‘Wonder’ touches hearts of viewers

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‘Wonder’ touches hearts of viewers

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The movie “Wonder” is based on the New York Times bestseller by Raquel J. Palacio and was released in theaters Nov. 17.

“Wonder” tells the story of 10-year-old August “Auggie” Pullman going into the fifth grade after being homeschooled his whole life due to his facial difference.

The movie was heartfelt and touching as viewers indulge into Auggie’s story.

From dealing with bullies, making new friends, and encountering the many wonders of the fifth grade, Auggie and his family are sure to pull some heartstrings.

The movie has different parts to tell the story from different characters’ points of view. This is an interesting way to tell the story because it allows viewers to feel like they understand how each of the characters feel — not just Auggie himself.

Auggie brings together friends, families, and even previous enemies in ways other students wouldn’t have had the courage to do.

Crying, laughing, and an array of emotions are part of this movie, according to junior Ashley Harroun.

“‘Wonder’ made me cry with so many different emotions,” Harroun said. “I cried because I was incredibly happy, and I cried because I was terribly sad. This movie makes you feel so many different things.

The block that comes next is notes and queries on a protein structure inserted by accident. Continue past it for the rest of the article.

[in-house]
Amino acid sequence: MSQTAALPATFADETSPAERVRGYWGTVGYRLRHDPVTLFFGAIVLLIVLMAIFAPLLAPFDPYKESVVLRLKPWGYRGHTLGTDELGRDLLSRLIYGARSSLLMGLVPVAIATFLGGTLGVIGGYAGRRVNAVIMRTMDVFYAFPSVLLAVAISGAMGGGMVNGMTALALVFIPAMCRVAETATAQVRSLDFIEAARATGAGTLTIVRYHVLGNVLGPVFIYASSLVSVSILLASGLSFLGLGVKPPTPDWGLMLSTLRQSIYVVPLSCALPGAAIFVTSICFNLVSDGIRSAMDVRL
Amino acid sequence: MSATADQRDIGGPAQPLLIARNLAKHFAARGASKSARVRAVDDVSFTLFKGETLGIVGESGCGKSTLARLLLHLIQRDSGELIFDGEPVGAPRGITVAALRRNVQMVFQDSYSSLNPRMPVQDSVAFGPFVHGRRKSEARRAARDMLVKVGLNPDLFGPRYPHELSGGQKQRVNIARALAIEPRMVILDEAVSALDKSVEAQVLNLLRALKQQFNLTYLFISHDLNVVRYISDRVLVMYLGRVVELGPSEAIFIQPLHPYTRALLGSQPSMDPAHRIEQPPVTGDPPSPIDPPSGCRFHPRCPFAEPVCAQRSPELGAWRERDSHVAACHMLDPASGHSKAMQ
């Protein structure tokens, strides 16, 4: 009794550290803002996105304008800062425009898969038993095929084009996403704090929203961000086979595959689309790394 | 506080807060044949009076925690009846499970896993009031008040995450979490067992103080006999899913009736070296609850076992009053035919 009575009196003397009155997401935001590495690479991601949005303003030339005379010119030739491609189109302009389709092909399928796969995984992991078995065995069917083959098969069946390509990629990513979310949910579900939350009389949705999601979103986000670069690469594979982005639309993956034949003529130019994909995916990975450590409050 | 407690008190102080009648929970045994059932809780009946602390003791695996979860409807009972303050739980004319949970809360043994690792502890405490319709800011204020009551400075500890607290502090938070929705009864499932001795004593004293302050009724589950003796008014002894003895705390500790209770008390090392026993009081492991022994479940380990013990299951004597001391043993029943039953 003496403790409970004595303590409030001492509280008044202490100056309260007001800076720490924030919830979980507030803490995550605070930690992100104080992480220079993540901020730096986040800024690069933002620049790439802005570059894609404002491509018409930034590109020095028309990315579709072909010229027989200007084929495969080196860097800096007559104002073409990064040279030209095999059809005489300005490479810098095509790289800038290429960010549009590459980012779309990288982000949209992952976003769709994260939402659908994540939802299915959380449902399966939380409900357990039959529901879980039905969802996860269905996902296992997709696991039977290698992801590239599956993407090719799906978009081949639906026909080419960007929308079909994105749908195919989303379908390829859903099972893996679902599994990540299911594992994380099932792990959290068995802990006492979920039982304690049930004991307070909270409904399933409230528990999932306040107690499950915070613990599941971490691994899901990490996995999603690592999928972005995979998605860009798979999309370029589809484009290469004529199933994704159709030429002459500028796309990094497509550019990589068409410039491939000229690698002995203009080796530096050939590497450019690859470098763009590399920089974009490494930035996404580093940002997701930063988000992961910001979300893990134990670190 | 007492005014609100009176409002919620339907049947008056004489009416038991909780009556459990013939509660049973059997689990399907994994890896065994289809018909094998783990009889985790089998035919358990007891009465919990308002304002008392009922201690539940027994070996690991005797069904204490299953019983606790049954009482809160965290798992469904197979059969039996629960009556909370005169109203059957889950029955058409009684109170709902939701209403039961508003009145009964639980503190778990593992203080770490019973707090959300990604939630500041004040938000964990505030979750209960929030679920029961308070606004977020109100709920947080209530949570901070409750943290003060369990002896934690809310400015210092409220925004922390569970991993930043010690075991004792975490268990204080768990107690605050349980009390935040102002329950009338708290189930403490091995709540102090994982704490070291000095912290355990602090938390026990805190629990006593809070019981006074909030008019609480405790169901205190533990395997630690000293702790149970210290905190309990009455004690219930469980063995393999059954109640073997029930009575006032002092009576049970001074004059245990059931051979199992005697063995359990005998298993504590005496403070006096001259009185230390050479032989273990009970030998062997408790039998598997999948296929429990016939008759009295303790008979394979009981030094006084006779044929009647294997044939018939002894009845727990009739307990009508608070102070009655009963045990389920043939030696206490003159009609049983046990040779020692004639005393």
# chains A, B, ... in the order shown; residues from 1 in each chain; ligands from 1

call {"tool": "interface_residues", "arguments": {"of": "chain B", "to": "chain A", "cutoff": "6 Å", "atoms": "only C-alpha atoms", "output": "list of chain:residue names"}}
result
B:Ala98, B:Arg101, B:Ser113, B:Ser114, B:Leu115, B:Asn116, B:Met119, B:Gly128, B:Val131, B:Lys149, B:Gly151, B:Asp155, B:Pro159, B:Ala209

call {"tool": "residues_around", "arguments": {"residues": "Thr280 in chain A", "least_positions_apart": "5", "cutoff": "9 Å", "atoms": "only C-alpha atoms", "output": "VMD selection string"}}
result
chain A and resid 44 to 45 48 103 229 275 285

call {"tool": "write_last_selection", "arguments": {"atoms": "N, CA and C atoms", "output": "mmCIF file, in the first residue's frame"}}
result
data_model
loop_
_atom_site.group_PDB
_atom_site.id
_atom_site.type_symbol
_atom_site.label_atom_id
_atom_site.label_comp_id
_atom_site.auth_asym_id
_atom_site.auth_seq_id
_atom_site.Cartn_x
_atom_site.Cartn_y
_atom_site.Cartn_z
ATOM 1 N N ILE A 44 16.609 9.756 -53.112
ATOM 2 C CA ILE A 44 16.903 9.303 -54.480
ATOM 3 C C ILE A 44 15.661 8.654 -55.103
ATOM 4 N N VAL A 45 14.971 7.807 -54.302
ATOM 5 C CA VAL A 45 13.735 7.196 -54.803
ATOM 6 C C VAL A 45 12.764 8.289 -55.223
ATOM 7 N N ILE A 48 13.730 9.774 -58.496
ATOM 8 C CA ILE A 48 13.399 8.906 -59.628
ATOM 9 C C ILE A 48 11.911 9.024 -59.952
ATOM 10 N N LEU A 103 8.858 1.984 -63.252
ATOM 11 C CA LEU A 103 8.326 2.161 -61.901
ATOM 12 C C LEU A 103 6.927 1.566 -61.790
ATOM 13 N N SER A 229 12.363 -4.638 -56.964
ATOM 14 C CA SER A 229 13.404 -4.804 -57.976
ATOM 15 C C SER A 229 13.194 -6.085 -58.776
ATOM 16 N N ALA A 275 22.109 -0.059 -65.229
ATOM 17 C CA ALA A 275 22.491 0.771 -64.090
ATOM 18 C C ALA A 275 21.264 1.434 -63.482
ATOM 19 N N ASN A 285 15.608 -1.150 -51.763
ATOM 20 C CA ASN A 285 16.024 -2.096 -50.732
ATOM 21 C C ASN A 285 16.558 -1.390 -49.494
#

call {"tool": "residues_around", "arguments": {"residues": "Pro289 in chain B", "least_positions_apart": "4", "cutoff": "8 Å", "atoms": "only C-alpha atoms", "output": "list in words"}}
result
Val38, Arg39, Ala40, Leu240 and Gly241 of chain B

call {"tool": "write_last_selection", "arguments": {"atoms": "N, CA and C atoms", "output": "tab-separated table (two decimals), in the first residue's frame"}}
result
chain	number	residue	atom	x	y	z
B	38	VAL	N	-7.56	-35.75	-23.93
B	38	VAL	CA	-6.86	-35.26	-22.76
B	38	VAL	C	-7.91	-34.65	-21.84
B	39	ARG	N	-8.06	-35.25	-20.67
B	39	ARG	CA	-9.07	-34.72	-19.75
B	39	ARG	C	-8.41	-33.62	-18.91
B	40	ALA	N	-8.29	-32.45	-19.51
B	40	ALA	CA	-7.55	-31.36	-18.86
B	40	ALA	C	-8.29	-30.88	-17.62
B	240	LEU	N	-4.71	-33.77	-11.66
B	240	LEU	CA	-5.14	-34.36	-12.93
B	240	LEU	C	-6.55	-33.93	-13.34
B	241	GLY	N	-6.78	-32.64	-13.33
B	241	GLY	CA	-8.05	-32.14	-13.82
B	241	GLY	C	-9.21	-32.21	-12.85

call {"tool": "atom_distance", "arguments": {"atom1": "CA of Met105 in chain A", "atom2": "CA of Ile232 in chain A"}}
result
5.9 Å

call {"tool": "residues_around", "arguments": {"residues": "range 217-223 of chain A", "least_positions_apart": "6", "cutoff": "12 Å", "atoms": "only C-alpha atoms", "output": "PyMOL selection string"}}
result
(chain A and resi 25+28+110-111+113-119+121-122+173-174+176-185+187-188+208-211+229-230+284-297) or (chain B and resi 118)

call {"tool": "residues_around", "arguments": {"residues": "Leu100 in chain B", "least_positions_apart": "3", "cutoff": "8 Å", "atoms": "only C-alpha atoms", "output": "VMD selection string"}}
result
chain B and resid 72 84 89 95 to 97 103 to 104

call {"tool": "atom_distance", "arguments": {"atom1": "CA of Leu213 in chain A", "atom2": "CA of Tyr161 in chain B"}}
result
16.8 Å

“Definitely a movie I would recommend to everyone, especially kids. Go see this movie because it really shows how bullying impacts others and how looks shouldn’t matter.”

“Wonder” embraces the concept of not judging a book by the cover. Every character was so much more than what viewers originally thought. After each chapter in the movie, all of the characters left a new emotion.

Sophomore Jillian Locke also saw “Wonder.”

She was impressed by the film and touched by the memories it brought back to her.

“‘Wonder,’ I thought, was amazing. I would go see it again if I could,” Locke said. “When I was in fifth grade it was mandatory for all the teachers to read the book to us and going to see that movie kind of brought me back to fifth grade.

“The movie I thought was beautiful and very real at the same time by deeply showing (the effects of) bullying or cruelty to people. I think it (accurately) shows this set of standards of social expectation that if you don’t meet that level you’re not accepted — whether it be a disease, or something as small as being friends with someone.”

Locke also said the movie shows how bullying is a problem in schools.

“All in all I can say that I cried way too much, but it’s because it’s real and it’s sad, very sad actually,” Locke said. “I think everyone should see it. It might change some people’s hearts.”